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About Bojan

My name is Bojan Tunguz and I was born in Sarajevo, Bosnia and Herzegovina. In 1992 my family escaped the war and moved to Croatia, and that same year I came to the United States. In 1993 I enrolled in Stanford University, where I obtained a B.S. in Physics and an M.S. in Applied Physics. My Ph.D. Work (also in Physics) I have done at University of Illinois at Urbana-Champaign. During my years in America I have moved around a lot, and so far I have lived in six different states - Rhode Island, California, Indiana, Illinois, Hawai'i and Tennessee. I currently live in Greencastle, Indiana, but I am also back at Stanford where I currently do research as a Visiting Scholar at HEPL. Over the years I've also taught at Rhodes College in Memphis, TN, at DePauw University in Greencastle, IN, and at Wabash College in Crawfordsville, IN.

Physics has been one of my big passions for a long time. It is a challenging and demanding field, but I find it very exciting and rewarding. Doing Physics is not a line of work where one can expect any immediate gratification. It is a long distance endeavor.

As an offshoot of my interest in Physics I have developed naboj.com, a webstite that aggregates article abstracts from arXiv preprints repository. Naboj.com is designed to allow for a real-time evaluation of scientific papers.

My experience as an international student and faculty at various US colleges and universities has led me to creation of Interedupedia, a Wiki-like resource for international students who are seeking admission to various educational institutions. Most of this information is hard to find, and I thought that making it available and editable at a single place would greatly help international students with their application process.

Besides Physics, I have many other intellectual interests. My Catholic faith is the single most important thing in my life, and I try to learn as much about it as possible. I especially like reading and discussing theology. You can find a list of theological works that I have most benefited from here.

I have a strong interest in Psychology, and I try to get myself as informed as possible on that subject. Currently I am reading a few introductory textbooks. I am also a big fan of writings of Oliver Sacks and Steven Pinker

I am an avid reader, and I enjoy a good book of fiction. One of my favorite contemporary writers is Haruki Murakami, and I am almost done with reading all of his works. The other writers that I enjoy reading are Milan Kundera, Graham Greene, Vladimir Nabokov, Juan Rulfo, Jorge Luis Borges, Carlos Fuentes, Fyodor Dostoevsky, Meša Selimovi?, Miljenko Jergovi?, Italo Calvino,and many, many others. I am also interested in current affairs, all branches of science and technology, and many other subjects. I read widely, and a few years ago I startd writing reviews of books I read and posting them on Amazon. You can read those reviews here.

The long-haired picture of me at my homepage was taken by Jessica Cohen all the way back in 1995. Jessica is a good friend of mine from Stanford and a very talented and versatile artist. Like a lot of Physics majors I have gone through a phase when I grew my hair long. In fact, I had gone through it twice, once in highschool and once in college. You could say that I have outgrown that style now.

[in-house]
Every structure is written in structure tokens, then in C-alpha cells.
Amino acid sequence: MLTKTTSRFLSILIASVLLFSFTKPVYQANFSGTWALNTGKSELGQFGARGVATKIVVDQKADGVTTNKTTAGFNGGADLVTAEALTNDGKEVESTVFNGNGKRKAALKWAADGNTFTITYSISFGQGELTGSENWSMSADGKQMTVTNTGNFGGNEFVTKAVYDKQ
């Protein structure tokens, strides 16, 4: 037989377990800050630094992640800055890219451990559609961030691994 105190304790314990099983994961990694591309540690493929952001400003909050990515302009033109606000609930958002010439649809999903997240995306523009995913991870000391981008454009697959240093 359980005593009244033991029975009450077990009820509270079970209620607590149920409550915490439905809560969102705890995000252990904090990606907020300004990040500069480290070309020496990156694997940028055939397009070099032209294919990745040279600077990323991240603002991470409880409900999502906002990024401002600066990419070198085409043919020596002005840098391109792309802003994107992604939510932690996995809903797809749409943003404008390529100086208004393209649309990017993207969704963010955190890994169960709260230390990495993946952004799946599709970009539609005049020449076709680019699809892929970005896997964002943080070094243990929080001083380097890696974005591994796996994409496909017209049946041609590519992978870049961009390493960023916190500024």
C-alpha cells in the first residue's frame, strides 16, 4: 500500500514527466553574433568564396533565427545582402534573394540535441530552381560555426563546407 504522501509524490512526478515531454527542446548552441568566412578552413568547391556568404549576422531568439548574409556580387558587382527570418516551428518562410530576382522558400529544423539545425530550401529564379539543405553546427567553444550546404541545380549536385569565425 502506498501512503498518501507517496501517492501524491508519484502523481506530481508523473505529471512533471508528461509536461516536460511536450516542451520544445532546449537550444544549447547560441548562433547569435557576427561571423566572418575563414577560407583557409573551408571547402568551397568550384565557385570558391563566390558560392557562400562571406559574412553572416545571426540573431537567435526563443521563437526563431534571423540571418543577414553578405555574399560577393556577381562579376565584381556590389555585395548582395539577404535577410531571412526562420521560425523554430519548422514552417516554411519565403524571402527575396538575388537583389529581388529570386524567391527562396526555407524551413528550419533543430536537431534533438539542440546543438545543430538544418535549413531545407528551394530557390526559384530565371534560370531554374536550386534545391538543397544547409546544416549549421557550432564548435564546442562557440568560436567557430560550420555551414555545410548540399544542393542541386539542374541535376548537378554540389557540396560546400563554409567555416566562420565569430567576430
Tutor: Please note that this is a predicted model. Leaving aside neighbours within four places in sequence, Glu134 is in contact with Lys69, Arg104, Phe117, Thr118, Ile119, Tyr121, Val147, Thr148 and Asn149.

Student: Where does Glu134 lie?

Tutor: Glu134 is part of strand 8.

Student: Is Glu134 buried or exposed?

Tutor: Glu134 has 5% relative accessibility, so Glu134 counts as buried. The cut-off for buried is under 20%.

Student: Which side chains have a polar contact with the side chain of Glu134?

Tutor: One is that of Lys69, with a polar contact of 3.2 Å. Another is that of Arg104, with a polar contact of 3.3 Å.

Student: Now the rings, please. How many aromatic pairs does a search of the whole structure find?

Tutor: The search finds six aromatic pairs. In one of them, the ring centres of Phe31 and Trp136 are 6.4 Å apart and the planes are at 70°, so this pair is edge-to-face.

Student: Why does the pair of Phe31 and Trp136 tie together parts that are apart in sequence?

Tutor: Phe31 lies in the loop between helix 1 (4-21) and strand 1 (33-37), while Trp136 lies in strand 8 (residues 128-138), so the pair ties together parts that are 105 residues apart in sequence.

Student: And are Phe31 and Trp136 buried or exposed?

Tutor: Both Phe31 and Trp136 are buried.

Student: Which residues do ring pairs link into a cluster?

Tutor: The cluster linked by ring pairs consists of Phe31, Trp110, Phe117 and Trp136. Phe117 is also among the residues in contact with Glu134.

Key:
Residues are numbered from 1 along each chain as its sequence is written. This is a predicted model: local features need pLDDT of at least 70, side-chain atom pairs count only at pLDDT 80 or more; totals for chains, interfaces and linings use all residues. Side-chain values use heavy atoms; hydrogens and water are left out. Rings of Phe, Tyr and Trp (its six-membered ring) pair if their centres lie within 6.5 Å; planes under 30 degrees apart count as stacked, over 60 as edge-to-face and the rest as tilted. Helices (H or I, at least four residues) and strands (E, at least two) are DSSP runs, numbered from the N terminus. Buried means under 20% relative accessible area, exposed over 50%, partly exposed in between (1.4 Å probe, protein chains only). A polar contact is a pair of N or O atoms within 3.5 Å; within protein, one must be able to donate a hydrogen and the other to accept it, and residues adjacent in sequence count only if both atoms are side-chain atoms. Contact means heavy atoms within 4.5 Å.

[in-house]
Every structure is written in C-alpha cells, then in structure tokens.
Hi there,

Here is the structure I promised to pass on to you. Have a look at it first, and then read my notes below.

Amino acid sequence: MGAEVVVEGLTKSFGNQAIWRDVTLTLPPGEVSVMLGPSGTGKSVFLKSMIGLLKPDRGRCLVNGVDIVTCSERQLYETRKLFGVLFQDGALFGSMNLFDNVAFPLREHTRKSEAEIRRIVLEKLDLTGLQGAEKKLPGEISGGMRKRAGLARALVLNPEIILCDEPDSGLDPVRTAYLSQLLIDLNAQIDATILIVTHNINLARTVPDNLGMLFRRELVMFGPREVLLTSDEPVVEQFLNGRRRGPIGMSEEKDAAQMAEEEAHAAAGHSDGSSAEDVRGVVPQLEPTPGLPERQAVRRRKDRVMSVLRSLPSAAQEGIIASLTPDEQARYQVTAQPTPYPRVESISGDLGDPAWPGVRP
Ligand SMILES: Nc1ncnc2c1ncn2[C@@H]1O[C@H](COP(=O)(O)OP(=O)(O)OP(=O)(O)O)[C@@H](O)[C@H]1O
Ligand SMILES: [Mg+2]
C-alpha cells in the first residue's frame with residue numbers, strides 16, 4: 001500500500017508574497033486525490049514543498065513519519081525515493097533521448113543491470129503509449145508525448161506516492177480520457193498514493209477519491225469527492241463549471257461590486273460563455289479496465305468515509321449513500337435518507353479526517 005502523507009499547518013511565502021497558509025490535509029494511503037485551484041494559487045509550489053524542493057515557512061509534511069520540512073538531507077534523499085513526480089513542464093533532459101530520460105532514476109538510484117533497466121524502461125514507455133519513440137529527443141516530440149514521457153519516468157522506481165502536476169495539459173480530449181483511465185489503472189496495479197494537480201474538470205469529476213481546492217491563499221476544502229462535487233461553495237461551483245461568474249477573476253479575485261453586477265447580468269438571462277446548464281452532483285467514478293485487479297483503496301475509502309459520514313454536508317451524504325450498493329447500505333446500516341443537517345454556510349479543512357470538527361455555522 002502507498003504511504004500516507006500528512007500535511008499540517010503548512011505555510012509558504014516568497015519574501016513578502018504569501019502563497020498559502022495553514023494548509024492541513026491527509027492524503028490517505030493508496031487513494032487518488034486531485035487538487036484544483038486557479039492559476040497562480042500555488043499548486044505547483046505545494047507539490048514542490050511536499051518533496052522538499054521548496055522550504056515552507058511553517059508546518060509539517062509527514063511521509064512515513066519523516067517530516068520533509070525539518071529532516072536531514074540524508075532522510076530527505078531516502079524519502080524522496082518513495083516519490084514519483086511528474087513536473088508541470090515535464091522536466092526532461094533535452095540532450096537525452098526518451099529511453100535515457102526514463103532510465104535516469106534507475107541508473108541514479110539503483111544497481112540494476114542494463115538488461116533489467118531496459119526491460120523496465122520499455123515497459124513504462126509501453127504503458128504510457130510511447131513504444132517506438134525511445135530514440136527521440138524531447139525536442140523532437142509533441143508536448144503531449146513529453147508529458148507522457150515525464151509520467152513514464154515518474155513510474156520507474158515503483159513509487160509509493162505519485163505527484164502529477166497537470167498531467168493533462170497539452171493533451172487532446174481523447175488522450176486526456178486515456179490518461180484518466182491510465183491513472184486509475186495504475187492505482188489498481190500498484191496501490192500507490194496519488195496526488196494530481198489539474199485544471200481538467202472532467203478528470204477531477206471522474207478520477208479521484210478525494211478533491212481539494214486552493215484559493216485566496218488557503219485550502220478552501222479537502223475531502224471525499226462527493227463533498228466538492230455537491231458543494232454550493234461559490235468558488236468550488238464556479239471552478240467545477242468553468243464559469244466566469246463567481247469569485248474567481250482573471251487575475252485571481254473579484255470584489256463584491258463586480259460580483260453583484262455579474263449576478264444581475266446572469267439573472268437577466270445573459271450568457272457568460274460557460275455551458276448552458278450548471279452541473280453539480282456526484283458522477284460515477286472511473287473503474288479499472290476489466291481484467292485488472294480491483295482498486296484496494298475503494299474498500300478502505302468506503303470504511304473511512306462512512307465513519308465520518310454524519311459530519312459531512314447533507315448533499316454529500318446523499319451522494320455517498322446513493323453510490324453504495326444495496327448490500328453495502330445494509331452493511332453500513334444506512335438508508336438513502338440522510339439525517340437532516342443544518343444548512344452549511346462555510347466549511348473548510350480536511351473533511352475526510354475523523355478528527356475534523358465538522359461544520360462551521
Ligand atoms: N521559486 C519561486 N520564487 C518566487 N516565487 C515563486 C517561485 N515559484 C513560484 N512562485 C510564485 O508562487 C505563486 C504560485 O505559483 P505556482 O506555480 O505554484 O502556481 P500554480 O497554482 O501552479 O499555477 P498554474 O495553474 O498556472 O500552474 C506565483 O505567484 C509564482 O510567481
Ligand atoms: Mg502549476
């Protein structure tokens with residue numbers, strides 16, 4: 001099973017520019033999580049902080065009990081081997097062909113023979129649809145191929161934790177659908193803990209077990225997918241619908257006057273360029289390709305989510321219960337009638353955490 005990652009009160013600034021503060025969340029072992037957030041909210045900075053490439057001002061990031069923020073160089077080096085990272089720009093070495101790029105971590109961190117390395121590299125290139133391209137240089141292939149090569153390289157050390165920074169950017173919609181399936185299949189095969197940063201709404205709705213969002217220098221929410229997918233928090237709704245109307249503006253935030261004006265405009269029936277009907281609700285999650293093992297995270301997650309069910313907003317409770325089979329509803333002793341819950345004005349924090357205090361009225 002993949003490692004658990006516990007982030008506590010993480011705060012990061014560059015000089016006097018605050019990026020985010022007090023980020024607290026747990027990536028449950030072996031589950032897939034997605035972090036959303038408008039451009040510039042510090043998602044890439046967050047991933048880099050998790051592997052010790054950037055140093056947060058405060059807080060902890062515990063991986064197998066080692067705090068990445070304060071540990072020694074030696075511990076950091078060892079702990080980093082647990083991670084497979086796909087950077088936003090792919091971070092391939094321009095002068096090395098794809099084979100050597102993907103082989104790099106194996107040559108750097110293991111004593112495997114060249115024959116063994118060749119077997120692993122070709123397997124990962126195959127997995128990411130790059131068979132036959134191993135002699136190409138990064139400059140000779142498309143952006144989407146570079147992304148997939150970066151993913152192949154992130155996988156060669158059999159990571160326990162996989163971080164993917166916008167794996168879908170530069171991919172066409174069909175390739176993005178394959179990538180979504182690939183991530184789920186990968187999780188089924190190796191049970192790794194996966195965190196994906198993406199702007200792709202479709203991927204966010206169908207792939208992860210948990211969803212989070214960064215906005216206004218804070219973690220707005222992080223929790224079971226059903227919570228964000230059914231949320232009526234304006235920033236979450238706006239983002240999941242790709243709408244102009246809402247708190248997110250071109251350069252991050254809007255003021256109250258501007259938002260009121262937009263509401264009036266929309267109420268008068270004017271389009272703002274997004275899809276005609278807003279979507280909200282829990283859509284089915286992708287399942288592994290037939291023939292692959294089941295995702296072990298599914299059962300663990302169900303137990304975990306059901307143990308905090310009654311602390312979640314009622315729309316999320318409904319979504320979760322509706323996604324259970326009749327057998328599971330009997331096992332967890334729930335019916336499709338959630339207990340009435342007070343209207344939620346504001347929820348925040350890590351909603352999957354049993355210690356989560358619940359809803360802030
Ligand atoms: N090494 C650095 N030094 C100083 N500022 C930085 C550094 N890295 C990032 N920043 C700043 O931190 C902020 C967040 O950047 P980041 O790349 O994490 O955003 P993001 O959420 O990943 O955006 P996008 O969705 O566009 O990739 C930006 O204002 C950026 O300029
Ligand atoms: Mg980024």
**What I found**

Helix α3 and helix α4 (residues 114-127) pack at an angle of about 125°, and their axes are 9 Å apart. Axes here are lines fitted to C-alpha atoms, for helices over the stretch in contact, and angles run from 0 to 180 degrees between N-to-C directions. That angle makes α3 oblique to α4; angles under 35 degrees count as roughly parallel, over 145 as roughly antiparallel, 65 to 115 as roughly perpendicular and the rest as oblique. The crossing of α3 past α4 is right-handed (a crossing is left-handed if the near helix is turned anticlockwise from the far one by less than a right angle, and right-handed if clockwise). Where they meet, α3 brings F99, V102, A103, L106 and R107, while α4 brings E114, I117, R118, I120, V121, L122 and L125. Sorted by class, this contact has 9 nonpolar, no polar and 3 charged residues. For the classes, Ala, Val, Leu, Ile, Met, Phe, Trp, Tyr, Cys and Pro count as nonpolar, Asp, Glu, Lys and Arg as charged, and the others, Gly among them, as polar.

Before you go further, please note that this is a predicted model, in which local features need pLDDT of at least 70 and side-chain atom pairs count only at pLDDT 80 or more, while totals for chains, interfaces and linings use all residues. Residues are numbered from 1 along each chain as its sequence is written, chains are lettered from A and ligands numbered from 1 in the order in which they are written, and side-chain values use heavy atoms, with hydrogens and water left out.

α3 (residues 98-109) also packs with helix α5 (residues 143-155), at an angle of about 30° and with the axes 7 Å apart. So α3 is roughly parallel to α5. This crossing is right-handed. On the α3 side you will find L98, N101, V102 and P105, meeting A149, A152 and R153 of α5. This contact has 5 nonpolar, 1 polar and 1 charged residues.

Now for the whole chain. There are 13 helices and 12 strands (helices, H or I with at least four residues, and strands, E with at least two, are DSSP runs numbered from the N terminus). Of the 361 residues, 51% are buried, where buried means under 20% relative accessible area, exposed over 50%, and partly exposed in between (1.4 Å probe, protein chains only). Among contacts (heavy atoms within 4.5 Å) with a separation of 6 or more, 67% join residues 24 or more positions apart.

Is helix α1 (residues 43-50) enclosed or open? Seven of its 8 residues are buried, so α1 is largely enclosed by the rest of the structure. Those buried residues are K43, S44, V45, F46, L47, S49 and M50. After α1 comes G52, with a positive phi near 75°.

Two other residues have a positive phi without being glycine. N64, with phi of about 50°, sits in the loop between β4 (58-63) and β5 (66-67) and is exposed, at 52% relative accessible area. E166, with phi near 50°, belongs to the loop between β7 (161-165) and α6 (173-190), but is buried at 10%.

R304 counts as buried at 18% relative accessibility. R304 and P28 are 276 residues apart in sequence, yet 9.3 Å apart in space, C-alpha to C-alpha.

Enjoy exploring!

A little clip of me telling the "Bee Joke" was also taken in the latter part of 1995. As you might have guessed, there is a story behind it as well. (WARNING: Plot details revealed. This might be a great opportunity to see the joke if you have not done so already.) The particular gesture and vocalization that the little bee makes at the end of the joke are in fact very commonly used in Croatia. They are somewhat purposefully ambiguous and could mean something like "eh, you wish you knew," or "wouldn't you like to know?" It works as a purposeful question-avoidance strategy. So the joke actually makes fun of it. (Yes, the "Bee Joke" is a real joke; I did not make it up.) When I went to college there were many opportunities to use that particular gesture, but I realized that it would be completely lost on my American friends. One day as a bunch of us were waiting for a CalTrain in San Francisco, a fiendish plan dawned upon me: I would tell the joke completely out of context, so the gesture would become associated with the joke, not the other way around. Either that or I was just being silly and telling a random Croatian joke that would lose a lot in translation. The universal dumbfoundedness of my friends only encouraged me more, so I started telling it more, and soon enough both the joke and I were becoming infamous.

If you get to know me, you would soon enough notice that I am madly in love with Sharmin. She makes me laugh, a favor which I do more than a fair share of reciprocating. Even though I love her (madly), she still manages to retain her poise and composure. Being calm under pressure is, in fact, one of her more salient virtues.

I have started writing a blog, but my updates there are not all that regular. I also have a Twitter account and I am a bit more regular there, although my updates are anything but exhaustive (as you would expect from Twitter after all). If you would like to e-mail me, you can do so by writing to bojanATtunguz.com

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